(3) the commissioners who should be appointed to pass through the land in search of bones (ver. 15). The notion of Ewald, who derives עֹבִרִים from עֶבְרָה, and translates "haughty," "overbearing," meaning the Gogites, is countenanced by no ether expositor. If the first sense be taken, then the verse will read, "The valley of the passers through, and it (the valley, in consequence of having become the grave of Gog) stops (the way of) the passers through;" i.e. it becomes thereafter impassable for travelers (Rosenmüller, Keil); or, it stops the noses, or breath, of such travelers by reason of its horrible stench (Ewald, Havernick). If the second meaning be selected, the valley must be understood to have afterwards received its name from the fact that Gog's warriors lay entombed beneath its sod, and "the stopping of the passengers" to signify that whereas Gog purposed to overrun the land, his destructive career was there ignominiously arrested (Schroder). If the third rendering be preferred, then the valley will be held to have derived its designation, after the event, from the passing through it or through the land of the searchers, in which case the stepping of the passengers can only have alluded to the fact that, as the "buriers" proceeded with the work of interment, they were compelled to turn away their faces and stop their noses because of the noisome effluvium which arose from the corpses. The first interpretation is the best, though the first and second might be combined by making the first "passengers" stand for the travelers and the second for the invaders, whose career should there be stopped; and to this view a certain countenance is lent by the statements which follow, that there should Gog and all his multitude - literally, all his noisy tumult - be buried, and that the valley ever afterwards should bear the name of Hamon-gog, or, Gog s multitude. The Lord will richly bless, multiply, and glorify His people, when thus renewed and sanctified. - Ezekiel 36:29. And I will save you from all your uncleannesses, and will call the corn, and multiply it, and no more bring famine upon you; Ezekiel 36:30. But I will multiply the fruit of the tree and the produce of the field, so that ye will no more bear the reproach of famine among the nations. Ezekiel 36:31. But ye will remember your evil ways, and your deeds which were not good, and will loathe yourselves on account of your iniquities and your abominations. Ezekiel 36:32. Not for your sake do I this, is the saying of the Lord Jehovah, be this known to you; be ye ashamed and blush for your ways, O house of Israel! Ezekiel 36:33. Thus saith the Lord Jehovah, In the day when I shall cleanse you from all your iniquities, I will make the cities inhabited, and the ruins shall be built, Ezekiel 36:34. And the devastated land shall be tilled instead of being a desert before the eyes of every one who passed by. Ezekiel 36:35. And men will say, This land, which was laid waste, has become like the garden of Eden, and the desolate and ruined cities are fortified and inhabited. Ezekiel 36:36. And the nations, which have been left round about you, shall know that I Jehovah build up that which is destroyed, and plant that which is laid waste. I, Jehovah, have said it, and do it. Ezekiel 36:37. Thus saith the Lord Jehovah, I will still let myself be sought by the house of Israel in this, to do it for them; I will multiply them, like a flock, in men; Ezekiel 36:38. Like a flock of holy sacrifices, like the flock of Jerusalem on its feast-days, so shall the desolate cities be full of flocks of men; and they shall know that I am Jehovah. - The words 'הושׁעתּי , I help or save you from all your uncleannesses, cannot be understood as relating to their purification from the former uncleannesses; for they have already been cleansed from these, according to Ezekiel 36:25. The טמאות can only be such defilements as are still possible even after the renewing of the people; and הושׁע, to help, means to guard them against any further recurrence of such defilements (cf. Ezekiel 37:23), and not to deliver them from the consequences of their former pollutions. But if God preserves His people from these, there is no longer any occasion for a fresh suspension of judgments over them, and God can bestow His blessing upon the sanctified nation without reserve. It is in this way that the further promises are appended; and, first of all, in Ezekiel 36:29 and Ezekiel 36:30, a promise that He will bless them with an abundant crop of fruits, both of the orchard and the field. "I call to the corn," i.e., I cause it to come or grow, so that famine will occur no more (for the fact, compare Ezekiel 34:29).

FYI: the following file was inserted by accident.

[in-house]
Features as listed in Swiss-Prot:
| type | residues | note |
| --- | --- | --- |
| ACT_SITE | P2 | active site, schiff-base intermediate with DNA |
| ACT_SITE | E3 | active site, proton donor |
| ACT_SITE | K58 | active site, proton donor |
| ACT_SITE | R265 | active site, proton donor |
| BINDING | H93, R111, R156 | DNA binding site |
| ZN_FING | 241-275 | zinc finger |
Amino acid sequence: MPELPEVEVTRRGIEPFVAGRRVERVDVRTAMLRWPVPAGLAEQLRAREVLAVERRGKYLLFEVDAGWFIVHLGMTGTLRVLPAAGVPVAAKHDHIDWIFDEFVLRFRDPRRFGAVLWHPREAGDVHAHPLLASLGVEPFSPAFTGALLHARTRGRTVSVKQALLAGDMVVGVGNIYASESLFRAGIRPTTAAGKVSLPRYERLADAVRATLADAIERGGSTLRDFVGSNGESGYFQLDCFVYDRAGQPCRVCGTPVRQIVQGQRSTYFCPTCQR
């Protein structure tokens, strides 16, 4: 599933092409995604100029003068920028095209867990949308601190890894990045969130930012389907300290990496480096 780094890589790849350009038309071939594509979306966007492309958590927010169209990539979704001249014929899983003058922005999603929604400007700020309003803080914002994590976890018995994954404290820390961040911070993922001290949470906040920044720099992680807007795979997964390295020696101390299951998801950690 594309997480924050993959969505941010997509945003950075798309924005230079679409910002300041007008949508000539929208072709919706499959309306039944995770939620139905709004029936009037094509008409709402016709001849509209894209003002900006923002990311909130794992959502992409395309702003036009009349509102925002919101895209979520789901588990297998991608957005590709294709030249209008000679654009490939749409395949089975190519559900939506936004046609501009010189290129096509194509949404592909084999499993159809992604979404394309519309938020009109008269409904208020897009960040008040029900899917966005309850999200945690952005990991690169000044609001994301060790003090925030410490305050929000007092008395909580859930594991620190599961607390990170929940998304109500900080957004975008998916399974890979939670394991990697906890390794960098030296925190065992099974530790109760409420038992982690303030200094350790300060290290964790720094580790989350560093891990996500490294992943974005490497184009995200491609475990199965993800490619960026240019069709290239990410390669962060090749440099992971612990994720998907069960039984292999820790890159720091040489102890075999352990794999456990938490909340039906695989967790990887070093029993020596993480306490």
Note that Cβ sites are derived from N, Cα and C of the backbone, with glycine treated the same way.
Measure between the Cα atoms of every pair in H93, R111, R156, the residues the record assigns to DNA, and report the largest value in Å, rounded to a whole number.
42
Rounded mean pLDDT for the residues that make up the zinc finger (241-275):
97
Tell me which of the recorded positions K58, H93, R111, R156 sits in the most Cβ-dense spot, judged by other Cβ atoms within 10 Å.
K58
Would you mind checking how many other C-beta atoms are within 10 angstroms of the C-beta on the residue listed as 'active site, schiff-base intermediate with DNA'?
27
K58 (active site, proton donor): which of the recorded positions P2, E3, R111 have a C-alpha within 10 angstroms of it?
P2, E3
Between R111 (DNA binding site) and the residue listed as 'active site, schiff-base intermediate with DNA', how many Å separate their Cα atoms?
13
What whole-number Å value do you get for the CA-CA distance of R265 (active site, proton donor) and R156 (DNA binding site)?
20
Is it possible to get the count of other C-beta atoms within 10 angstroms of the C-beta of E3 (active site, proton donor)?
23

In consequence of this blessing, Israel will blush with shame at the thought of its former sins, and will loathe itself for those abominations (Ezekiel 36:31); compare Ezekiel 20:43, where the same thought has already occurred. To this, after repeating what has been said before in Ezekiel 36:22, namely, that God is not doing all this for the sake of the Israelites themselves, the prophet appends the admonition to be ashamed of their conduct, i.e., to repent, which is so far inserted appropriately in the promise, that the promise itself is meant to entice Israel to repent and return to God. Then, secondly, in two strophes introduced with 'כּה אמר יי, the promise is still further expanded. In Ezekiel 36:33-36, the prophet shows how the devastated land is to be restored and rebuilt, and to become a paradise; and in Ezekiel 36:37 and Ezekiel 36:38, how the people are to be blessed through a large increase in their numbers. Both of these strophes are simply a further elaboration of the promise contained in Ezekiel 36:9-12. הושׁיב, causative of ישׁב, to cause to be inhabited, to populate, as in Isaiah 54:3. לעיני כּל־עובר, as in Ezekiel 5:14. The subject to ואמרוּ in Ezekiel 36:35 is, "those who pass by." For the comparison to the garden of Eden, see Ezekiel 31:9. בּצוּרות is a circumstantial word belonging to ישׁבוּ: they shall be inhabited as fortified cities, that is to say, shall afford to their inhabitants the security of fortresses, from which there is no fear of their being expelled. In Ezekiel 36:36 the expression, "the heathen nations which shall be left round about you," presupposes that at the time of Israel's redemption the judgment will have fallen upon the heathen (compare Ezekiel 30:3 with Ezekiel 29:21), so that only a remnant of them will be still in existence; and this remnant will recognise the work of Jehovah in the restoration of Israel. This recognition, however, does not involve the conversion of the heathen to Jehovah, but is simply preparatory to it. For the fact itself, compare Ezekiel 17:24. הדּרשׁ, to let oneself be asked or entreated, as in Ezekiel 14:3. זאת, with regard to this, is explained by לעשׂות . What God will do follows in 'ארבּה ותו. God will multiply His people to such an extent, that they will resemble the flock of lambs, sheep, and goats brought to Jerusalem to sacrifice upon the feast days. Compare 2 Chronicles 35:7, where Josiah is said to have given to the people thirty thousand lambs and goats for the feast of the passover. כּצּאן אדם does not mean, like a flock of men. אדם cannot be a genitive dependent upon צאן, on account of the article in כּצּאן, but belongs to ארבּה, either as a supplementary apposition to אותם, or as a second object, so that ארבּה would be construed with a double accusative, after the analogy of verbs of plenty, to multiply them in men. Kliefoth's rendering,, "I will multiply them, so that they shall be the flock of men" (of mankind), is grammatically untenable. צאן קדשׁים, a flock of holy beasts, i.e., of sacrificial lambs. The flock of Jerusalem is the flock brought to Jerusalem at the yearly feasts, when the male population of the land came to the sanctuary (Deuteronomy 16:16): So shall the desolate cities be filled again with flocks of men (compare Micah 2:12).